OAKLAND, California– A federal judge today reinstated protections for gray wolves, overturning a Trump-era rule that stripped endangered animal species law protections across most of the country. Today’s ruling bans wolf hunting and trapping in states outside of the northern Rockies.
“This is a huge win for gray wolves and the many people across the country who care so deeply about them,” said Collette Adkins, director of carnivore conservation at the Center for Biological Diversity. “I hope this decision finally convinces the Fish and Wildlife Service to abandon its longstanding and misguided efforts to remove federal wolf protections. Instead, the agency should work to restore these large, ecologically important carnivores to places like the southern Rockies and the northeastern United States.
In his 26-page decision, U.S. District Judge Jeffrey White wrote, “…the Service’s analysis relied on two primary wolf populations to remove wolves from the national list and did not provide reasonable interpretation of the ‘significant part of its range’ standard.” So he rescinded the delisting rule and reinstated protection for wolves in the Great Lakes region, the West Coast states, and south of the Rocky Mountains.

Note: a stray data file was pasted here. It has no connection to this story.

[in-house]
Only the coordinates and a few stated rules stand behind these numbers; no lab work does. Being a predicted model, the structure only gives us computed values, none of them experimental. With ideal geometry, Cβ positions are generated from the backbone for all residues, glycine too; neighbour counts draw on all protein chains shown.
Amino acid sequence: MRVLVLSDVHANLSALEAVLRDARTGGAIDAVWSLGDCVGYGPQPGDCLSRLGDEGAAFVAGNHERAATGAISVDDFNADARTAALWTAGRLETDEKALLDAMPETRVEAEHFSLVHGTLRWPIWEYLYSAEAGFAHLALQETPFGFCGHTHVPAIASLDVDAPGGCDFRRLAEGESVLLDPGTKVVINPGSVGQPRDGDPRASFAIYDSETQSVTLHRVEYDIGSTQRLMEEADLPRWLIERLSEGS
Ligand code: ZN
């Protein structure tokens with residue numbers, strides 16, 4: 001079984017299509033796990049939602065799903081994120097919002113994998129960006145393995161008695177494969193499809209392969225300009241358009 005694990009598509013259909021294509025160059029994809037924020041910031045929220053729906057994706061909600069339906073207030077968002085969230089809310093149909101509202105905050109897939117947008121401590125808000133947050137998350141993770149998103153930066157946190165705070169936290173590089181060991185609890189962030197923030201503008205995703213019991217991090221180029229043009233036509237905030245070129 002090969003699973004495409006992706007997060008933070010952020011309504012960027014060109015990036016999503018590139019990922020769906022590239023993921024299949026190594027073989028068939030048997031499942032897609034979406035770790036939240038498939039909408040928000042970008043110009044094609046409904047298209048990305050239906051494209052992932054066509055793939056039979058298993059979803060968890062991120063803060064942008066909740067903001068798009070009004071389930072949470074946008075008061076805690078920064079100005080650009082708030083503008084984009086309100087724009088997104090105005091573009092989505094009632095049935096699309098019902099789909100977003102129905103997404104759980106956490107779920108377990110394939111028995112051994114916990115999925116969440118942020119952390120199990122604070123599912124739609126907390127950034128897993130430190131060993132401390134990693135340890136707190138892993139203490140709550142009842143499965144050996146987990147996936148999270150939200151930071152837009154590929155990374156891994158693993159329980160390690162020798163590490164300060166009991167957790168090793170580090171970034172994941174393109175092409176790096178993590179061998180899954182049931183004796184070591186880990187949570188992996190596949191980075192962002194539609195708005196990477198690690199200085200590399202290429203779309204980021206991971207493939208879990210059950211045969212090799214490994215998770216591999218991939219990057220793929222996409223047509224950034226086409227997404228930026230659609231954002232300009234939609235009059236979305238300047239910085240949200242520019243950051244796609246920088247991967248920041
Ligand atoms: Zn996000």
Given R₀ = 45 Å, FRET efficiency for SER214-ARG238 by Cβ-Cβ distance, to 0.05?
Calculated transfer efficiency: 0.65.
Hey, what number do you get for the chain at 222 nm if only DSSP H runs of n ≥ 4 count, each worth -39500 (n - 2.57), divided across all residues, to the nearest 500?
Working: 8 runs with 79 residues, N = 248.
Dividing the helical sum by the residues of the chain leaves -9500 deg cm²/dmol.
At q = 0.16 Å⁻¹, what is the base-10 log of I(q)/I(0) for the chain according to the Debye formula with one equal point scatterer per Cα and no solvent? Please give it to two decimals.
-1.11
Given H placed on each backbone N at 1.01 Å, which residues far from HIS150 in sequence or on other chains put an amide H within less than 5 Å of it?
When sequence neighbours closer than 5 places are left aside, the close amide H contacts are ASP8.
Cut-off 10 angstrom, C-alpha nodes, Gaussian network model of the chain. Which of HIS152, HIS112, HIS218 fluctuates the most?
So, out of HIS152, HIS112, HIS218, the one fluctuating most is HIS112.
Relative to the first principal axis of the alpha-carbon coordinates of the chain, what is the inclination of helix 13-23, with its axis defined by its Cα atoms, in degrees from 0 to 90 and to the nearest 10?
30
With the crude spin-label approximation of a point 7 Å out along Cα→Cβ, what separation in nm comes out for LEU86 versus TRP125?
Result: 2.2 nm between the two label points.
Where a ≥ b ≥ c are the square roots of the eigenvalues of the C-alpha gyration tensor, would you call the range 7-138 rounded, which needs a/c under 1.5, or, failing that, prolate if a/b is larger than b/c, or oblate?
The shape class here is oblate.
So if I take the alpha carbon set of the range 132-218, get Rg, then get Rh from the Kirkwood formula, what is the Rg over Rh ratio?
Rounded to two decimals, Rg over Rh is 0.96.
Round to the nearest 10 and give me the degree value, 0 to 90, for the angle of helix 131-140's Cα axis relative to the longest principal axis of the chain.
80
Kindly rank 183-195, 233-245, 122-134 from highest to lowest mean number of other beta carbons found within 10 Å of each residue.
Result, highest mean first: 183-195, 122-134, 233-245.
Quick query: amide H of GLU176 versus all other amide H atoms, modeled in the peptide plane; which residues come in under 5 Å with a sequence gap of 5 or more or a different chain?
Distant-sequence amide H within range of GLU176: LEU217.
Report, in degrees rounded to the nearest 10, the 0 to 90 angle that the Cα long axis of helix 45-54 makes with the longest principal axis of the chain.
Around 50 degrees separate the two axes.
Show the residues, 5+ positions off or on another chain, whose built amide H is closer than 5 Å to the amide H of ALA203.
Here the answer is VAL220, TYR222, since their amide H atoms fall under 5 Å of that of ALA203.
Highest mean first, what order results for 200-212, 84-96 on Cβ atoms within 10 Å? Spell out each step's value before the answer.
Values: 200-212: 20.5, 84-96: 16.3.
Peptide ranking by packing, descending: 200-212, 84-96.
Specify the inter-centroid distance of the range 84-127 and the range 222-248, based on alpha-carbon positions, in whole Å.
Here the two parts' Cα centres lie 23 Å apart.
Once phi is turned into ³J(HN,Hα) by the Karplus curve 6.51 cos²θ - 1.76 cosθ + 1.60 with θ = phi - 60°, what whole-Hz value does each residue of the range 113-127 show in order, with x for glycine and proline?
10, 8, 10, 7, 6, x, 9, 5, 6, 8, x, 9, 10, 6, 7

“Again and again we have had to take the fight for Wolves to court,” Adkins said. “I am relieved that the court has put things right, but I am saddened that hundreds of wolves have suffered and died under this illegal radiation rule. It will take years to repair the damage done to wolf populations.
Today’s victory is the result of a lawsuit filed by Earthjustice on behalf of the Center for Biological Diversity, Defenders of Wildlife, Humane Society of the United States, Sierra Club, National Parks Conservation Association and Oregon Wild.
The court’s decision does not restore protection for wolves in the northern Rocky Mountains because wolves in that region lost protection before the delisting rule challenged in this case. However, in response to an emergency petition from the Center for Biological Diversity and its partners, the Fish and Wildlife Service determined in September that protecting the species in the northern Rocky Mountains might be justified based largely about new laws in Idaho and Montana that allow the killing of wolves.